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I'm guessing it's the opposite (or same) reason as this question. Some libraries have a listing room, you could try that but I don't think it's going to work. You have to be 'getting ready for bedtime'. Until your brain shuts down enough, it strains to adapt its sensitivity to the room level. I'd say this happens to everyone, except I'm biased as a ...


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Yes. The coil[s] can be replaced. I've done mine twice. Coil failure indicates inefficient venting, so it's worth looking at the the vents while doing the job.


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I have this problem in many of the 100+ units I own in northern New York, sometimes with soot very dark and looking like there was a fire, sometimes faint. There is nothing in our baseboard electric heaters to burn. We therefore assume the soot is from air born dust cooking off of the heater fins.


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The most honest answer is, "it doesn't matter." Assuming the worst case scenario that there is no insulation of any sort beneath the pipes, a flooring material with a lower thermal conductivity will cause a small amount of the heat to be directed downwards rather than upwards, but we're probably talking about a difference in the number of watts/BTUs that can ...


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Aside from the factors mentioned by "Some Guy", note that the relatively still air next to surfaces also has an insulating value. A rough estimate for many common cases would be about 0.1 m^2K/W. For thin assemblies, this air film dominates the total heat transfer and means the insulating value of the materials themselves have very little impact on the ...


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Respectfully, you are trying to compare apples to autos here. Burning gas makes things hot. Thermal conductivity is just how fast it takes the heat to get to you. I suggest you go try to calculate it from theory, physics is fun, calculus is interesting, the numbers will not lie to you, and you will see the logical error immediately. The heat has to go ...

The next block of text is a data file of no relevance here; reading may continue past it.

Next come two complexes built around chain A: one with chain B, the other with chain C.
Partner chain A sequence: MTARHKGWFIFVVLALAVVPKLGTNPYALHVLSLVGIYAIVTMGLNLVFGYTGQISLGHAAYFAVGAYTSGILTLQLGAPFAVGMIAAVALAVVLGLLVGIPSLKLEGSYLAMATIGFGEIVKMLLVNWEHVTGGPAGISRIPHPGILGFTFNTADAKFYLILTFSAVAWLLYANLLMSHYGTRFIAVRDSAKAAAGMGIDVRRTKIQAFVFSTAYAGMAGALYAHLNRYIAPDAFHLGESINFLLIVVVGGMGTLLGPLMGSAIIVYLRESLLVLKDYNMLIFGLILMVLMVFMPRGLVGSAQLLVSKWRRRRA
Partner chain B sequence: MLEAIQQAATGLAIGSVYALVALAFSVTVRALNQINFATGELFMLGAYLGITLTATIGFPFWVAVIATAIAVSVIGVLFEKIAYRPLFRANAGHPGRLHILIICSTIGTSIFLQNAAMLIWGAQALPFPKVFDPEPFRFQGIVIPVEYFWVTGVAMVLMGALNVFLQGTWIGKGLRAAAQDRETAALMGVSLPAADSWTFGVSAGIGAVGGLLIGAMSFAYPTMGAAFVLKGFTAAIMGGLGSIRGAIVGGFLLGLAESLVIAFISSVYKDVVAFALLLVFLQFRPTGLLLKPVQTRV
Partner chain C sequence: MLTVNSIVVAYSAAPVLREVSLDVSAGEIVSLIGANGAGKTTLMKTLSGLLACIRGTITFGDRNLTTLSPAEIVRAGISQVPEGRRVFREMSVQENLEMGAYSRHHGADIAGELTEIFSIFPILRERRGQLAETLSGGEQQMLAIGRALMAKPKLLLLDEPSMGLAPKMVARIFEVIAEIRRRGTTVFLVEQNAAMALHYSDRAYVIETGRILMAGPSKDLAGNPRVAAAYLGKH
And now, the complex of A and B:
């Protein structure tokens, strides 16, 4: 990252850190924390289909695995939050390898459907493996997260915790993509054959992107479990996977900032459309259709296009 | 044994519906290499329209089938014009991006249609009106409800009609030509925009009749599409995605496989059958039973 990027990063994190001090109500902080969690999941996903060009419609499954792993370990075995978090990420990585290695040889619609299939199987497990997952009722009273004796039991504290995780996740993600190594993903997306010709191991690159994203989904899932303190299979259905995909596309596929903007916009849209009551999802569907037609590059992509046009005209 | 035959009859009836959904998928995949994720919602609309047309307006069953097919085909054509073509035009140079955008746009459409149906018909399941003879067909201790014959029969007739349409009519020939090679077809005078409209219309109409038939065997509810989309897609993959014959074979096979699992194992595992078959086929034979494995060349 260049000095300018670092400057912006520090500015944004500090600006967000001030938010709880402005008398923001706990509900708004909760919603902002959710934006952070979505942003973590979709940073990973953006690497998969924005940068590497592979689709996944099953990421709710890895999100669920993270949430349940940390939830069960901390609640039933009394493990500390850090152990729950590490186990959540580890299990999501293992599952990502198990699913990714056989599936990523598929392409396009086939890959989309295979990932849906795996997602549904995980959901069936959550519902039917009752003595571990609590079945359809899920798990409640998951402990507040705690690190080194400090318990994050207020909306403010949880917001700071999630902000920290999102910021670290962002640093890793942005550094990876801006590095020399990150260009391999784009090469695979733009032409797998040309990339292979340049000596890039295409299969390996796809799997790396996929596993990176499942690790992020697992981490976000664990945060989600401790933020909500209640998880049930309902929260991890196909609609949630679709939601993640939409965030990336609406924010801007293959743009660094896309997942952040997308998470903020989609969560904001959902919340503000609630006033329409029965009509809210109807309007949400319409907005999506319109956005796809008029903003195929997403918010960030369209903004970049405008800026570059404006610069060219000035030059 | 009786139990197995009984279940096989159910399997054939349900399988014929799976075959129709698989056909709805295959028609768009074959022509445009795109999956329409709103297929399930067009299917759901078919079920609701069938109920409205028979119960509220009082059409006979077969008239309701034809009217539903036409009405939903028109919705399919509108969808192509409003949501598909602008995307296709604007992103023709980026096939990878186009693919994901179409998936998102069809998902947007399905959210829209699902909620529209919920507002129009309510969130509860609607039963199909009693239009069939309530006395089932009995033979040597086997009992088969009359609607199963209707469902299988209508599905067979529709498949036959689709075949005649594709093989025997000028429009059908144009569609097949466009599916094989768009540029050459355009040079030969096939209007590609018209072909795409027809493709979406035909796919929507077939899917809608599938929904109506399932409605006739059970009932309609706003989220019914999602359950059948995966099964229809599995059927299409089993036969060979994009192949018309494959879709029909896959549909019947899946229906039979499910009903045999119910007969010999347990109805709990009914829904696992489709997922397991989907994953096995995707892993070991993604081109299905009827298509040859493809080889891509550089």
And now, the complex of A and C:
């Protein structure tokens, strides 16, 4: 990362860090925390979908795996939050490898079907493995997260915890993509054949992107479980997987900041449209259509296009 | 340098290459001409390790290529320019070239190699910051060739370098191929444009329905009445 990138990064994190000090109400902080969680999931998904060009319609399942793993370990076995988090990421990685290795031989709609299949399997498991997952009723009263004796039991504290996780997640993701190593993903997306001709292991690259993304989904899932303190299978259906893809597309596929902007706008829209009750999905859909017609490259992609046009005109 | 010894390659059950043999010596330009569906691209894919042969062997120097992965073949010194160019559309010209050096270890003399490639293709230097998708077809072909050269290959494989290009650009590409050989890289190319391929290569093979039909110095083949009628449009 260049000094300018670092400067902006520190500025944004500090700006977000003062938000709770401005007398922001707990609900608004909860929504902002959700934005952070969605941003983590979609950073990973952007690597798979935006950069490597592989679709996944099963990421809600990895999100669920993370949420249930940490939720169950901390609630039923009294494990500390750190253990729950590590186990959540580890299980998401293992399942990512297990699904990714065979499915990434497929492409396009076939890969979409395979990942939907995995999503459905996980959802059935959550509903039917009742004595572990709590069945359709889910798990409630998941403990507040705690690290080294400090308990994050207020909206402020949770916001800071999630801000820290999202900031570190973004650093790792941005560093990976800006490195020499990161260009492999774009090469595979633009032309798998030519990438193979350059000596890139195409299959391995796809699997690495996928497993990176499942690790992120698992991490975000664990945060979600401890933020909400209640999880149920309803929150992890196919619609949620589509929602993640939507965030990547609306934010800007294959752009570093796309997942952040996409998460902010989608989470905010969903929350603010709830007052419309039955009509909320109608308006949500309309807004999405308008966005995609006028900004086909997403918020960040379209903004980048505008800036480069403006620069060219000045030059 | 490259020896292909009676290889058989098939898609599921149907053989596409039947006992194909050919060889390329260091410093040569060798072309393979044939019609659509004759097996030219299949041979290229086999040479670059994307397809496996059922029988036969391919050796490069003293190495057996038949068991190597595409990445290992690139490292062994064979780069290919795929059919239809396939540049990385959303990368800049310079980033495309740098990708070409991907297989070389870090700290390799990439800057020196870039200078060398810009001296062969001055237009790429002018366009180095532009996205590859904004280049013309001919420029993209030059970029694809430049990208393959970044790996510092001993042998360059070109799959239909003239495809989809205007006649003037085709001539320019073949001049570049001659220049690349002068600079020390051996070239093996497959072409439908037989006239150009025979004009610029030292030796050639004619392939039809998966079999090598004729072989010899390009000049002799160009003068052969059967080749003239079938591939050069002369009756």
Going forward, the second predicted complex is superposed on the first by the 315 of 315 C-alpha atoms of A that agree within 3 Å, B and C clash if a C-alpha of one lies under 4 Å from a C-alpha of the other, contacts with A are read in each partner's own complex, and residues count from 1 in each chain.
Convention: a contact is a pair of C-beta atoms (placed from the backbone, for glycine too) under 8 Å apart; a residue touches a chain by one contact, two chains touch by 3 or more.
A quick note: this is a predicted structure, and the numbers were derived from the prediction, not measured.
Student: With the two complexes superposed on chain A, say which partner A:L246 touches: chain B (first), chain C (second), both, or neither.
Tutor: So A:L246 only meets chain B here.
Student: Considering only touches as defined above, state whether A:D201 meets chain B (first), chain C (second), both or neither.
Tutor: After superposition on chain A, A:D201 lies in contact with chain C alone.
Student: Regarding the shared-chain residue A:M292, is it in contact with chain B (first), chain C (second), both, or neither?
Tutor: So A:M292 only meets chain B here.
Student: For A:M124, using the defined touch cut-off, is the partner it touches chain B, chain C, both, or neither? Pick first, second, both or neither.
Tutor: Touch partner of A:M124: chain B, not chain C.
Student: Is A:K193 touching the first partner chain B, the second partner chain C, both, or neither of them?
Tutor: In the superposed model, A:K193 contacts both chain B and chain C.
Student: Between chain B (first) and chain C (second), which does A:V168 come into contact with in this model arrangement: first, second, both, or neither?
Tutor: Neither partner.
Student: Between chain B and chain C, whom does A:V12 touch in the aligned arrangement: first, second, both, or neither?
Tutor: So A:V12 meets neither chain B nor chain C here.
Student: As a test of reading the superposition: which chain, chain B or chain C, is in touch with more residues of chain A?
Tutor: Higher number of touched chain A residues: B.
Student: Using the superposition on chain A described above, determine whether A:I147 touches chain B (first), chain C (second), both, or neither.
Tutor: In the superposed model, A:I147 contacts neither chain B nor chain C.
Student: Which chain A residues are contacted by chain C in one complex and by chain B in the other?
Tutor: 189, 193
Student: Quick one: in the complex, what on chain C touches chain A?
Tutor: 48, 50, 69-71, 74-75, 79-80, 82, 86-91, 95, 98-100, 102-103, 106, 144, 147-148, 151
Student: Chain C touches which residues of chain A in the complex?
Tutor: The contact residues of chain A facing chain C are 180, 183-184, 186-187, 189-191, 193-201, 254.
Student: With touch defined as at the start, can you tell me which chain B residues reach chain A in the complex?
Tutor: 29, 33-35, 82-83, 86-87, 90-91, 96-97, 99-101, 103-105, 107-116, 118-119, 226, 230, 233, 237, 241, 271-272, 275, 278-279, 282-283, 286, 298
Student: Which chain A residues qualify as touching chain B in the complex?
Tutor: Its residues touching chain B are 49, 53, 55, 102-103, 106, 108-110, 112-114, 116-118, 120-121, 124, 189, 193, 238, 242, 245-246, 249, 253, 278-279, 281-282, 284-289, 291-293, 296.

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The simplest thing to do is to paint it the same color as whatever it is running next to. It won't completely hide it but it will go unnoticed by some people. Keeping it low and parallel to the floor might help too. If you're not willing to build anything around it, then also try to take advantage of your layout and furniture to hide it. Also consider ...


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You might just have to box around it, if you can mount it right against the wall, fairly low. If the line is the old black iron gas pipe, you don't have to worry about it getting crushed if something gets dropped on it. But you might have to worry about damage to the connections (and leaks) if something heavy enough is dropped on it. If it's the yellow (or ...


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We built a bucket truck garage two years ago. It has a 13' ceiling with a 5' stuccoed concrete block wall and ordinary 2"x6" studs above that. And of course the 4:12 pitch roof adds another 2' average height above that. A 15' ceiling leaves a lot of air space overhead to heat before the rest of the garage is comfortable. The garage has a 10'x10' insulated ...


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Convection in a stairway, in a reasonably tight house, is way overrated. Given the square footage of wall and ceiling space - I do not see how the stairway makes much difference. I run a fan 24/7 at the bottom of my stairs, adjust vents to the seasons, and still can not seem to get my system to play nice. I do have a single zone forced air, so it is not a ...



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